Ever since Dr. Benjamin Spock first published his famous book about baby and childcare in 1946, parenting books have been a boom industry. The market for this makes sense to me. Parenting, it turns out, is a lot harder than it looks. It’s always seemed a little odd to me that we live in a culture where a person needs a license or certification for almost everything. The one big exception is raising kids. It is just about the hardest and most complex thing a person can do, and it makes a huge impact on society, yet there is very little available in the way of intentional and formal training, so naturally lots of parents would eat up any advice that seems like it is trustworthy and helpful.
A book that is popular these days, which I’m currently in the midst of reading, is called “Parenting with Love and Logic.” (Incidentally, we’re in the midst of lining up some community parenting classes this fall that are based on this method). The basic premise is that parenting is essentially a matter of helping kids learn how to make choices, and to live with the consequences of those choices. After all, that’s really what adult life is about: we all make a big and small choices every day–about our work, our relationships, our money, our time, whatever–and we all live with the positive and negative consequences of all these choices. Raising kids isn’t just about getting them to follow rules or behave in certain ways, it’s about helping them learn how to make the kinds of good choices rules and behaviors are meant to reinforce.
In our Old Testament lesson from 1 Samuel this morning, it seems to me like God is “parenting with love and logic;” he seems to be closely following the approach outlined in that book.
The story today tells us how the people of ancient Israel moved from one form of government to another. Up to this point, they had been led by a rather decentralized system of prophets and judges who helped interpret the divine law and sort out disputes. The people see one prophet aging, his time quickly growing short, and they don’t like what’s in line in his children. So they decide to ask for a king: “appoint for us, then, a king, to govern us, like the other nations.”
Both Samuel and God think this is a bad idea. God rattles of a list of things the people will not like about having a king. Be careful what you wish for, kings can very quickly become oppressors. Like a good parent, he outlines the consequences of making that choice.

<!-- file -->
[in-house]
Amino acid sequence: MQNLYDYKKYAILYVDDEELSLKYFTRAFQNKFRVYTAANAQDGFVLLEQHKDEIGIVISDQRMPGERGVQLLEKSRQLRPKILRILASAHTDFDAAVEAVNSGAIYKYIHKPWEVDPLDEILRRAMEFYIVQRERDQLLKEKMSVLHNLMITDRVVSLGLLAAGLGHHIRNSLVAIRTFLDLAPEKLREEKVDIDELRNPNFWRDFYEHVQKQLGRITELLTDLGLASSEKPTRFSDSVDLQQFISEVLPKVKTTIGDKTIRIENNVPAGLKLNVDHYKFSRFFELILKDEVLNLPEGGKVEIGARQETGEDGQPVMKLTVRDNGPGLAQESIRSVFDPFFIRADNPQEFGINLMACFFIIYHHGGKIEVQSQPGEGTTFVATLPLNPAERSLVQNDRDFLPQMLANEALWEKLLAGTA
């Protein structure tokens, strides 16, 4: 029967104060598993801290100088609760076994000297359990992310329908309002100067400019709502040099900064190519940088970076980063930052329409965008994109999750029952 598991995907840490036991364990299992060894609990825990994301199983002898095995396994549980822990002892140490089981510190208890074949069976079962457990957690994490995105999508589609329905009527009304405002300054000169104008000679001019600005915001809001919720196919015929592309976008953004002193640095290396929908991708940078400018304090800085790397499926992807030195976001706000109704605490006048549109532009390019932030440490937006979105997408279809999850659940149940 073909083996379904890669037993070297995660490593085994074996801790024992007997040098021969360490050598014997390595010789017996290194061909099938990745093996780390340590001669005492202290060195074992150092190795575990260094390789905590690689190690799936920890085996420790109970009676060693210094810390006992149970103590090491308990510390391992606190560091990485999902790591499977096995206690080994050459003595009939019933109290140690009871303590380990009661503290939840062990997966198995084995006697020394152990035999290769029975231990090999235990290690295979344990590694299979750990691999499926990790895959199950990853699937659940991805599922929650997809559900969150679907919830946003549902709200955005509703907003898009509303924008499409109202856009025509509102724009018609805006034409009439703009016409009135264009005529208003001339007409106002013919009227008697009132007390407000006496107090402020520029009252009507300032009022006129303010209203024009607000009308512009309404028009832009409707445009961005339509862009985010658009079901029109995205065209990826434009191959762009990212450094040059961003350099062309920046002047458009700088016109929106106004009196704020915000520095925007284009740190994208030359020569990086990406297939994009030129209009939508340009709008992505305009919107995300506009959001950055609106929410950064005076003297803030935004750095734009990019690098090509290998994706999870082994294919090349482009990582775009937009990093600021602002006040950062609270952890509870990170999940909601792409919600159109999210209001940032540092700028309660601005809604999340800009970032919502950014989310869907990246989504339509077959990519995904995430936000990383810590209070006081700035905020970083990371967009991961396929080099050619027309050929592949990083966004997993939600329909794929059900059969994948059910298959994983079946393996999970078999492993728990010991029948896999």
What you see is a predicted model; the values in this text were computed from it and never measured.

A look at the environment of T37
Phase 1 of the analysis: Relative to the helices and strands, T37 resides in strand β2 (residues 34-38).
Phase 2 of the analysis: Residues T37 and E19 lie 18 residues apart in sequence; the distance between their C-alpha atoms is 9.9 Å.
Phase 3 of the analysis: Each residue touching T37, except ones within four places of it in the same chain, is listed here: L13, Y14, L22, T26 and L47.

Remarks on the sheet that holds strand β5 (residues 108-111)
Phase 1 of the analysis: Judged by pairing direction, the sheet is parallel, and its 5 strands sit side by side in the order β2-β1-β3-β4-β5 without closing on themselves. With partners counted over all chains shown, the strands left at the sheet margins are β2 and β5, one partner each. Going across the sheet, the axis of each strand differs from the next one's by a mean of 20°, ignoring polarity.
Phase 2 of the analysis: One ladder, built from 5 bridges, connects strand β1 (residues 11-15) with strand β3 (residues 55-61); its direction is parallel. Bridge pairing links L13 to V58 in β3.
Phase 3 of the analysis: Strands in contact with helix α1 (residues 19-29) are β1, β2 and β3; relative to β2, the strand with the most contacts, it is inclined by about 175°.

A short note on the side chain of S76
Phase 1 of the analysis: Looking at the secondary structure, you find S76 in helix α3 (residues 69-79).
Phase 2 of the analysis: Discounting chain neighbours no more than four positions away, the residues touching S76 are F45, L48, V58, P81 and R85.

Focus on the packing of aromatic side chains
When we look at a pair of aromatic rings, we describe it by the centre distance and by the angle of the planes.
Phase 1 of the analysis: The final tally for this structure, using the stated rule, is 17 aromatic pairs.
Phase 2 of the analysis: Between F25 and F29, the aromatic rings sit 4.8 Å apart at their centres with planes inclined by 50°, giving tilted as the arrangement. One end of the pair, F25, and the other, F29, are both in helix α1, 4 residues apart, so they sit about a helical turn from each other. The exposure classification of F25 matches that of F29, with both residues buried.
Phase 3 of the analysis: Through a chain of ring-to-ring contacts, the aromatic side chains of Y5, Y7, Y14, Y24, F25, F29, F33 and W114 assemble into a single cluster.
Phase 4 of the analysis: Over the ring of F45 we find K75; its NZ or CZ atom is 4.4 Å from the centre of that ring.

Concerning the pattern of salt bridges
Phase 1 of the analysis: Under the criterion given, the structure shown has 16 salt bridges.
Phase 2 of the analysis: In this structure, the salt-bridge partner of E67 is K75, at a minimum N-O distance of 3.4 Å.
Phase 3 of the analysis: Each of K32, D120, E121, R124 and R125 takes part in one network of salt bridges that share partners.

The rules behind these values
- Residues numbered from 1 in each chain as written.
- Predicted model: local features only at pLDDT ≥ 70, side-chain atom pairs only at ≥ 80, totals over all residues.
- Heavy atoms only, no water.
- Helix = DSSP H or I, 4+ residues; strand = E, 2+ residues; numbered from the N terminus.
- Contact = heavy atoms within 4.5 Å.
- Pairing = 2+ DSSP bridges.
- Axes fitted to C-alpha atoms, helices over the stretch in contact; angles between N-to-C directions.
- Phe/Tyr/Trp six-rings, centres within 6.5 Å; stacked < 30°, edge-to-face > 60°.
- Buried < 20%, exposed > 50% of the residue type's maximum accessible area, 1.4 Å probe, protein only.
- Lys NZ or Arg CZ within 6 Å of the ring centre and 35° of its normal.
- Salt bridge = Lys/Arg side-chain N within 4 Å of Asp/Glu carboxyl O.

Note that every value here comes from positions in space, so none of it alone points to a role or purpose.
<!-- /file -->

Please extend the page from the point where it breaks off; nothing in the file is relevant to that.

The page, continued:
But at the end of the day, God allows them to make that choice, and the rest of the Old Testament bears witness to how those consequences played out. Some of the kings were great, some were terrible; most, like all human leaders, were a mixed bag.
In fact, this story was written many, many years after the fact specifically to explain why Israel’s kings were of such an uneven quality. Writing history like this was a way of reminding people that this was their choice, and that they had been warned that the grass isn’t always as green as it looks on the other side of the fence.
But here’s the other thing about the rest of the story: God doesn’t ever give up on Israel. God continues to be present with them, to nurture them, to love them and be faithful to them, even as they sort through the consequences of their choice for a king. In fact, Israel’s king becomes a central part of God’s promise to them, and a central part of who we understand Jesus to be in the New Testament. It’s a bad choice now, but later on Israel’s king becomes a central part of God’s love and salvation for his people.
Every single one of us has made a lot of decisions in our lives. If you look back over the choices you’ve made—the big ones like who to marry, or where to live, or the small ones like whether to commit to that meeting last week, or whether to buy that car—I’m sure that there are some that were just right, and some you wish you could do over. All of us, right now this morning, are living with the consequences of the choices we’ve made in our lives. Some of them fill us with pride and gratitude, some with regret.
But the good news for us in this story from 1 Samuel, and the way it plays out through the rest of scripture, is that while we are always free to make decisions in our lives, God never abandons us to them. No matter what we do, no matter what we regret, no matter how far we stray, God is faithful to us. That’s the amazing thing to me about the Bible, and why all these strange stories in the Old Testament continue to have so much power, and are worth coming back to over and over again. They tell the story of how God’s deep love for us simply won’t let us go.
Like all children, like all adults, Israel made a bad choice in today’s story. But the consequences of that bad choice ultimately become an instrument of their redemption, and our salvation. There is no decision we’ve made, there is no regret that we carry, that God can’t finally redeem. God’s fierce love for us, God’s unfailing faithfulness to us, remind us that it’s never to late to turn things around, we’re never broken so fully that we can’t be put back together, we’re never so far gone that we can’t be brought back home.
Parents are always working to help their kids make good choices. God is always working to help us make good choices. That’s what prayer, and worship, and service, and Bible study—those foundational practices I talk about all the time—are meant to do. Help keep us on the rails so that we start to naturally live along God’s rhythm.
No matter where you are, no matter what regret you’re carrying today, no matter how you’ve stepped off course. God in here—God out there—is always pursuing you, staying faithful to you, working to help you know joy in the midst of sorrow, healing in the midst of shame, life in the midst of death. Amen.
 Cline, Foster and Fay, Jim. Parenting with Love and Logic. Navpress: Carol, IL. 2006.